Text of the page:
CBP must approve activation of the zone before any merchandise is admitted under the Foreign-Trade Zones Act.

It is the intent of the U.S. foreign-trade zone program to stimulate economic growth and development in the United States. In an expanding global marketplace there is increased competition among nations for jobs, industry and capital. The FTZ program was designed to promote American competitiveness by encouraging companies to maintain and expand their operations in the United States.

The FTZ program encourages U.S.-based operations by removing certain disincentives associated with manufacturing in the United States. The duty on a product manufactured abroad and imported into the U.S. is assessed on the finished product rather than on its individual parts, materials, or components. The U.S. based manufacturer finds itself at a disadvantage compared with its foreign competitor when it must pay a higher rate on parts, materials, or components imported for use in a manufacturing process. The FTZ program corrects this imbalance by treating products made in the zone, for the purpose of tariff assessment, as if it were manufactured abroad. At the same time, this country benefits because the zone manufacturer uses U.S. labor, services, and inputs.

Role of CBP

CBP is responsible for the transfer of merchandise into and out of the FTZ and for matters involving the collection of revenue. The Office of Regulations and Rulings at CBP Headquarters provides legal interpretations of the applicable statute, CBP Regulations and procedures.

The Port Director of CBP, in whose port a zone is located, is charged with overseeing zone activity as the local representative of the Foreign-Trade Zones Board. He or she controls the admission of merchandise into the zone, the handling and disposition of merchandise in the zone, and the removal of merchandise from the zone. In addition to the Foreign-Trade Zones Act, he or she enforces all laws normally enforced by CBP that are relevant to foreign-trade zones.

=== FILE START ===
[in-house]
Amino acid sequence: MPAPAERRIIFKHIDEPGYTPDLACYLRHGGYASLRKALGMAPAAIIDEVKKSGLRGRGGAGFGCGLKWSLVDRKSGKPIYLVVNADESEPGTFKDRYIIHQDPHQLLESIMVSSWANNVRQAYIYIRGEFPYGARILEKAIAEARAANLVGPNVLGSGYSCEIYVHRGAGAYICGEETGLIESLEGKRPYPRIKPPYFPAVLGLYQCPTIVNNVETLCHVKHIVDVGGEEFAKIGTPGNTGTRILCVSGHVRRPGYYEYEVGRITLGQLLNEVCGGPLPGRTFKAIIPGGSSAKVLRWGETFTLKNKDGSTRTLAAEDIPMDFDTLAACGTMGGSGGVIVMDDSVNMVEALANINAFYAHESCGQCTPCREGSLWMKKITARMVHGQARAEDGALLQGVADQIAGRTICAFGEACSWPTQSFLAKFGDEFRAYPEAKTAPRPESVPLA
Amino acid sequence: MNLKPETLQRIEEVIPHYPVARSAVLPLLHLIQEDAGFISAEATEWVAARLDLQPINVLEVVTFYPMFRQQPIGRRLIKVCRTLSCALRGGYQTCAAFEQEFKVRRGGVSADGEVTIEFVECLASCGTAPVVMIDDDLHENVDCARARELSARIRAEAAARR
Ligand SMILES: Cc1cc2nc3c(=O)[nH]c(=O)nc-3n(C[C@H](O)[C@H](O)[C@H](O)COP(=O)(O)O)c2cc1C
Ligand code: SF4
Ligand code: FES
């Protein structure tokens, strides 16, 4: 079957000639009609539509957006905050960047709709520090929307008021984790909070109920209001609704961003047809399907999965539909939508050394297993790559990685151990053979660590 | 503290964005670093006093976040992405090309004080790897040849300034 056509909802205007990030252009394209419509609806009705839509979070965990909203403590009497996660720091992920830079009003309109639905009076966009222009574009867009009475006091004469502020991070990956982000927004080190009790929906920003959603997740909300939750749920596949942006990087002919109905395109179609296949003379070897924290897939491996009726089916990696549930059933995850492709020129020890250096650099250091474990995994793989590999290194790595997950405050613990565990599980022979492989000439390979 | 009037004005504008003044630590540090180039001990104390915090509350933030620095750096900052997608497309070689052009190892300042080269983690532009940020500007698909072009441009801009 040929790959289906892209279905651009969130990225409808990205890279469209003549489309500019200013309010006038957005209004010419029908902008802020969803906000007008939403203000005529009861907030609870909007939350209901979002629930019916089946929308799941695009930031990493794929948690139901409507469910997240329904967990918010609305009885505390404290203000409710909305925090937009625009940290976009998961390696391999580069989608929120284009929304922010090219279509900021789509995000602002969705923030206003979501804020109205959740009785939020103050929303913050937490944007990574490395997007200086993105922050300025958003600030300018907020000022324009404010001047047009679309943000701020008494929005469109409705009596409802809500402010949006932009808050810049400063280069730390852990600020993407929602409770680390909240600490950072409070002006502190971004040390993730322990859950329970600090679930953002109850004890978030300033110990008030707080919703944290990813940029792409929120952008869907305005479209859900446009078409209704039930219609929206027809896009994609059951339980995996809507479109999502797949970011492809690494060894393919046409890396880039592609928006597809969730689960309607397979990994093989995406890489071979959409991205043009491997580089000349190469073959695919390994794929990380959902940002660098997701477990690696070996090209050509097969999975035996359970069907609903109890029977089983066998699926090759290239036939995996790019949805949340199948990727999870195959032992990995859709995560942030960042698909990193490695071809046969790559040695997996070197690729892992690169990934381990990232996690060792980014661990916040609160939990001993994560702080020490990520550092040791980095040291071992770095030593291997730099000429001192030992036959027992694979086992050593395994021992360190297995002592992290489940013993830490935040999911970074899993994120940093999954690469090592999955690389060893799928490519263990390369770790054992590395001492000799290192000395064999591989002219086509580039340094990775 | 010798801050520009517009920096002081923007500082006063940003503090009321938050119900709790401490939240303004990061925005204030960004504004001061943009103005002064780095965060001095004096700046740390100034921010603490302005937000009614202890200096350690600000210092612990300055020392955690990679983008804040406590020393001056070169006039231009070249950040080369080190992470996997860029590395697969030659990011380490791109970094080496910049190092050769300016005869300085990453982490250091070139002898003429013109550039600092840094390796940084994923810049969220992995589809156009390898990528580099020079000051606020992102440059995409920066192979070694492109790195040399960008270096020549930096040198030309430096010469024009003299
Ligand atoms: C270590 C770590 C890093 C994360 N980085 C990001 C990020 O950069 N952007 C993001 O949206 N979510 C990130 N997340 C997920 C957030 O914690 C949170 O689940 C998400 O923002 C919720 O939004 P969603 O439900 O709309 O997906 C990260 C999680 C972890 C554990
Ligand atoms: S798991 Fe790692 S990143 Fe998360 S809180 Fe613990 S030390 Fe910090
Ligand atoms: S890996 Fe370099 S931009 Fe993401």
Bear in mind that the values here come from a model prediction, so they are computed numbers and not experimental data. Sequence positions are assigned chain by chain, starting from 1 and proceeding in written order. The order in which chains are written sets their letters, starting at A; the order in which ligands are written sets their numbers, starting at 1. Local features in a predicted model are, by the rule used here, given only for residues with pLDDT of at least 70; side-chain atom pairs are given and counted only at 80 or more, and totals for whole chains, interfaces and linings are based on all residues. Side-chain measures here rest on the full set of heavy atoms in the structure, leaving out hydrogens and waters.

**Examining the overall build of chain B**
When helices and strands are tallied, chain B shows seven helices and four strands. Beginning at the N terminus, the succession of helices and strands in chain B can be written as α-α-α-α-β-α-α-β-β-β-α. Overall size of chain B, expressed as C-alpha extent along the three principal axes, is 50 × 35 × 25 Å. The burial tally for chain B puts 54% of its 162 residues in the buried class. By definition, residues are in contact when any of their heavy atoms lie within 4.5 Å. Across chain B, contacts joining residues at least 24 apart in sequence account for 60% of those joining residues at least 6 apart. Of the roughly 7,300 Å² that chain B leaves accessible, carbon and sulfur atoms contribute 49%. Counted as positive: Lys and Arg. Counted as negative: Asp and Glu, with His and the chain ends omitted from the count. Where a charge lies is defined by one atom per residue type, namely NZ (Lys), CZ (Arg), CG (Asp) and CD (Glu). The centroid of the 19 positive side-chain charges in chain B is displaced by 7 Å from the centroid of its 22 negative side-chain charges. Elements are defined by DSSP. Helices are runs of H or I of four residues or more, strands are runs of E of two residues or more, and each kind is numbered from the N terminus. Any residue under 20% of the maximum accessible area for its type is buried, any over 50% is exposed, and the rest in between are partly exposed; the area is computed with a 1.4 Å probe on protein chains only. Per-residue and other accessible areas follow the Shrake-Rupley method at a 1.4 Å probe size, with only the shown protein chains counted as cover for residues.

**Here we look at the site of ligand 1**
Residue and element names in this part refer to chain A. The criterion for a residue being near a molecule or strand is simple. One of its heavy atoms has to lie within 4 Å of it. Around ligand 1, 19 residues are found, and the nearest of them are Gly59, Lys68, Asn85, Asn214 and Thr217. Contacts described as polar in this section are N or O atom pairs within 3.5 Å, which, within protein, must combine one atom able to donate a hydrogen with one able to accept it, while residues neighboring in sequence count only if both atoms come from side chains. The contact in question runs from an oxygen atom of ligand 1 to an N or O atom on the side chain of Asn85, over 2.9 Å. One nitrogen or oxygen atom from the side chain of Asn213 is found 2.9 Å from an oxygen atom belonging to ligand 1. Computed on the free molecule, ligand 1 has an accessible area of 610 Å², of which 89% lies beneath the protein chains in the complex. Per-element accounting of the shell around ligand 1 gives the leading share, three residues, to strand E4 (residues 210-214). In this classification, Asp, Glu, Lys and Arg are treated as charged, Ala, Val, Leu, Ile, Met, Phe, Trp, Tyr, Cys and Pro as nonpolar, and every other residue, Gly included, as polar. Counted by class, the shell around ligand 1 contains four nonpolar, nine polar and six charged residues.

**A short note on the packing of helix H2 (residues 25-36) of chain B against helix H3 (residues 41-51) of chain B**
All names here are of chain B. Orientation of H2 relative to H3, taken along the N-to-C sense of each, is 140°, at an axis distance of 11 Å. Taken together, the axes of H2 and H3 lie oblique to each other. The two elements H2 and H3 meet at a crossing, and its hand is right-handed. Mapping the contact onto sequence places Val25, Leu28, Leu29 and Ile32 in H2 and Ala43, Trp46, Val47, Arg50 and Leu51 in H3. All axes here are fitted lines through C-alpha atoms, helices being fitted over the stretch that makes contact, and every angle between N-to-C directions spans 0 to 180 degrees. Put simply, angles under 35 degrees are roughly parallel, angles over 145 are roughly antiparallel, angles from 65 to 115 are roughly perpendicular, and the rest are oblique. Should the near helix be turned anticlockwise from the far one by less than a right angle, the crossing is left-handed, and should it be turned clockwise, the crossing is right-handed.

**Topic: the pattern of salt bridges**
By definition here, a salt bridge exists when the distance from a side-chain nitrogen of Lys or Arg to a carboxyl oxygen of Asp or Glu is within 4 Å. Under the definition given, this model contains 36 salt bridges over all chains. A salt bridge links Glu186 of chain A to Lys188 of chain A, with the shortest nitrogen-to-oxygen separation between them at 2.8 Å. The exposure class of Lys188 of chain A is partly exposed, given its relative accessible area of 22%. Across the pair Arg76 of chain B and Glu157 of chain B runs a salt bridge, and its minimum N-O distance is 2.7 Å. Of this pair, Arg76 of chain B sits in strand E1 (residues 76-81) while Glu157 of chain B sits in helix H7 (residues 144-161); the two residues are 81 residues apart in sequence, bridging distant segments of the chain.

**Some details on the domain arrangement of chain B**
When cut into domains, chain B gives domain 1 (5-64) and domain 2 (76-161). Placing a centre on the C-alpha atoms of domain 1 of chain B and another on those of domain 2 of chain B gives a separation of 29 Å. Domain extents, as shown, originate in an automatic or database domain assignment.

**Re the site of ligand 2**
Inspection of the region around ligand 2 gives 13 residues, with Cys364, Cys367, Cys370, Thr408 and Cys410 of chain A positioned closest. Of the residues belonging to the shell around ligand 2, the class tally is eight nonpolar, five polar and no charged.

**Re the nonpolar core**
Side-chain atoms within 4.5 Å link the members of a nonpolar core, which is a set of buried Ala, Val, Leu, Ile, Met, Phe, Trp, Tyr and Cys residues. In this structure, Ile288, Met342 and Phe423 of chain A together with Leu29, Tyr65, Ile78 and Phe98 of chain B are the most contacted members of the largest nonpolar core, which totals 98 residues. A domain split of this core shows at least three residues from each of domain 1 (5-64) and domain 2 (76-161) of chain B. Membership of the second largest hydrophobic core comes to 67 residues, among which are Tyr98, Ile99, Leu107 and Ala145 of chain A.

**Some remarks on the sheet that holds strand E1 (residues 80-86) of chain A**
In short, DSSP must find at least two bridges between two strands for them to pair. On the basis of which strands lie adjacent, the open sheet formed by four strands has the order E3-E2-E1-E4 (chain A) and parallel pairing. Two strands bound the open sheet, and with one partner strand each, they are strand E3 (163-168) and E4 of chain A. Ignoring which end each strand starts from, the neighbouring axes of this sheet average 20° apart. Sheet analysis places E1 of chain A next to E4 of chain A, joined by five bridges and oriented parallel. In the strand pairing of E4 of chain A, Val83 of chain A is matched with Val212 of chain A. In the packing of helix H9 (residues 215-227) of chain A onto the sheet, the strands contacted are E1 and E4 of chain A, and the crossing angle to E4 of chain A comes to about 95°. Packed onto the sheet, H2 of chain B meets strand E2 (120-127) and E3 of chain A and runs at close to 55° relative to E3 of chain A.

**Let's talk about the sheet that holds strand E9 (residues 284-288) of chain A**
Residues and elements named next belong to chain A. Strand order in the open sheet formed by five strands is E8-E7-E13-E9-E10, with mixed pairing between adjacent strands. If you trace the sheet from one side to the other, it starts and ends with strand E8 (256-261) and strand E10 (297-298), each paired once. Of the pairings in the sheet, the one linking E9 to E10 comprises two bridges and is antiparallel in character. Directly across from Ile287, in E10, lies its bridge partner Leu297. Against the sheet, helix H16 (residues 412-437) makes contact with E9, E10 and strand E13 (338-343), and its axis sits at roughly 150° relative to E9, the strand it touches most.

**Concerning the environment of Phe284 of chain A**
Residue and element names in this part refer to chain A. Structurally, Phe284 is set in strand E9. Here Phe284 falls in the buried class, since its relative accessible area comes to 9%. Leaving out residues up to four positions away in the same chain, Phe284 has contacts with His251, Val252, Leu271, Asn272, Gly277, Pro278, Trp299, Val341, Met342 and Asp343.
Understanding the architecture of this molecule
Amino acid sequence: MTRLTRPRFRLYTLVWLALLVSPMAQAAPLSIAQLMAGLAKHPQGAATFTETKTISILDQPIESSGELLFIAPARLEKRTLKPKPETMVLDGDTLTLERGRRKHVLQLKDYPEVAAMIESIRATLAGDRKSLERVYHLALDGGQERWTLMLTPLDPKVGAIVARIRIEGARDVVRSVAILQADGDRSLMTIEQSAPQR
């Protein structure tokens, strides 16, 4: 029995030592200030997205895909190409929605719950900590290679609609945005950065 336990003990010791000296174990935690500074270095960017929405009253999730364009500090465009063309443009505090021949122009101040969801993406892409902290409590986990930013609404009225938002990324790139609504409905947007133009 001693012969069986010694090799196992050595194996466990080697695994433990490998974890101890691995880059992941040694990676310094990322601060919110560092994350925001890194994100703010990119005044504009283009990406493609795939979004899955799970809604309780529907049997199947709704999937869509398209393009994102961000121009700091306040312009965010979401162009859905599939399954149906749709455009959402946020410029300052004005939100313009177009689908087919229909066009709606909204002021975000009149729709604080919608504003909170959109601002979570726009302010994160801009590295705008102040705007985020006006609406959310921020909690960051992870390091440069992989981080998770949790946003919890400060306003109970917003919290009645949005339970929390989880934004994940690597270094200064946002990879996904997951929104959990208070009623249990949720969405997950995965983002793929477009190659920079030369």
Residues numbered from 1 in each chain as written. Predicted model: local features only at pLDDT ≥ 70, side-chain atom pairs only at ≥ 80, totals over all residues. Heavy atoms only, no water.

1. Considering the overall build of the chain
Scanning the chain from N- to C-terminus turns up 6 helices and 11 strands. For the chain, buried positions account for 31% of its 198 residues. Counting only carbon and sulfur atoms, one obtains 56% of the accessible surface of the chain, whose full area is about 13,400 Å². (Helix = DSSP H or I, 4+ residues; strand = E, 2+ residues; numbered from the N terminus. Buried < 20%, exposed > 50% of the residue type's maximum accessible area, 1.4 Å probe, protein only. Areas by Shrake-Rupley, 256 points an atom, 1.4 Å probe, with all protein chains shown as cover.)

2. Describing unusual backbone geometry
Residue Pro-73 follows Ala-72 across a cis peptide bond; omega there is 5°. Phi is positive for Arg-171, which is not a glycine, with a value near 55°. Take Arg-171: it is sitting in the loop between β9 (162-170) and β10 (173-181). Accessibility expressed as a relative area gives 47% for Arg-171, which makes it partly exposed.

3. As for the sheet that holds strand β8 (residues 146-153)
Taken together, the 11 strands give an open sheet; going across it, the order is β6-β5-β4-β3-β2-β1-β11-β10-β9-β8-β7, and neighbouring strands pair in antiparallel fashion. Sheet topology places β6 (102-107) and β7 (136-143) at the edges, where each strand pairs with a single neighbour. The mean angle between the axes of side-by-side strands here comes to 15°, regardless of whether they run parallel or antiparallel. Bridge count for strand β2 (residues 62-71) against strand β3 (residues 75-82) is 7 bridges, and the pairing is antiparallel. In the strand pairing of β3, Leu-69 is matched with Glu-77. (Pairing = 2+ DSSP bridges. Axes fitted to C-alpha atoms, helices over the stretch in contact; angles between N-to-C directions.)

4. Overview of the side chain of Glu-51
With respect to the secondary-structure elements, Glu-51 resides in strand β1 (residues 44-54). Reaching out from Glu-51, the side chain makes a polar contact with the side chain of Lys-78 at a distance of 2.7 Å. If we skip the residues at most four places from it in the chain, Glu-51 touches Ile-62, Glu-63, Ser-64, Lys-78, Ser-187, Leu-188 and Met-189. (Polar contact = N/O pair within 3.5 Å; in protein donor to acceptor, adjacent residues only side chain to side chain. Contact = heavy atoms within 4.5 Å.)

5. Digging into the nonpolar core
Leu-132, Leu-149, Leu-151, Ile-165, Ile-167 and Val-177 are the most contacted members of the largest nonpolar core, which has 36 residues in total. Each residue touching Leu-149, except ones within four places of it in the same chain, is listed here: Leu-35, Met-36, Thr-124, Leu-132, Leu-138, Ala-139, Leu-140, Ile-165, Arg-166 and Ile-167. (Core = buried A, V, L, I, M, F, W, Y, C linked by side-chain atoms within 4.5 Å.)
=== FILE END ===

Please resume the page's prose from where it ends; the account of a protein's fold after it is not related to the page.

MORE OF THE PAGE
Zones are supervised by FTZ Coordinators (i.e., CBP Officers, Import Specialists, Entry Specialists or Agricultural Specialists, etc.) through compliance reviews and visits; the security of the zone must meet certain requirements.

What may be placed in zones

Any foreign or domestic merchandise not prohibited by law or other exception listed below, whether dutiable or not, may be taken into a foreign-trade zone.

Merchandise, which lawfully cannot be imported into the United States, is prohibited without exception. Furthermore, placing merchandise subject to a quota into a zone cannot circumvent quota on the imported merchandise.

On the other hand, merchandise for which a quota is filled or for which a quota on entry is established, may be placed into a zone until the quota opens or is removed since foreign-trade zones are considered outside CBP territory for entry purposes. Such products, with the exception of certain textiles (19 CFR 146.63(d)), may be manipulated or manufactured while in the zone into a product not subject to quota.

Some Federal agencies regulate storage and handling in the United States of certain types of merchandise, such as explosives. Depending on the nature of the requirements and the particular characteristics of the zone facility, such merchandise may be excluded. Moreover, agencies, which license importers or issue importation permits may block admissions to a zone, which are not properly licensed or permitted.

The Foreign-Trade Zones Board may exclude from a zone any merchandise that is in its judgment detrimental to the public interest, health, or safety. The Board may place restrictions on certain types of merchandise, which would limit the zone status allowed, the kind of operation on the merchandise in a zone, the entry of the merchandise into the commerce, or similar transactions or activities.

What may be done in zones

The Foreign-Trade Zones Board may exclude from a zone any merchandise that is in its judgment detrimental to the public interest, health, or safety. The Board may place restrictions on certain types of merchandise, which would limit the zone status allowed, the kind of operation on the merchandise in a zone, the entry of the merchandise into the commerce, or similar transactions or activities.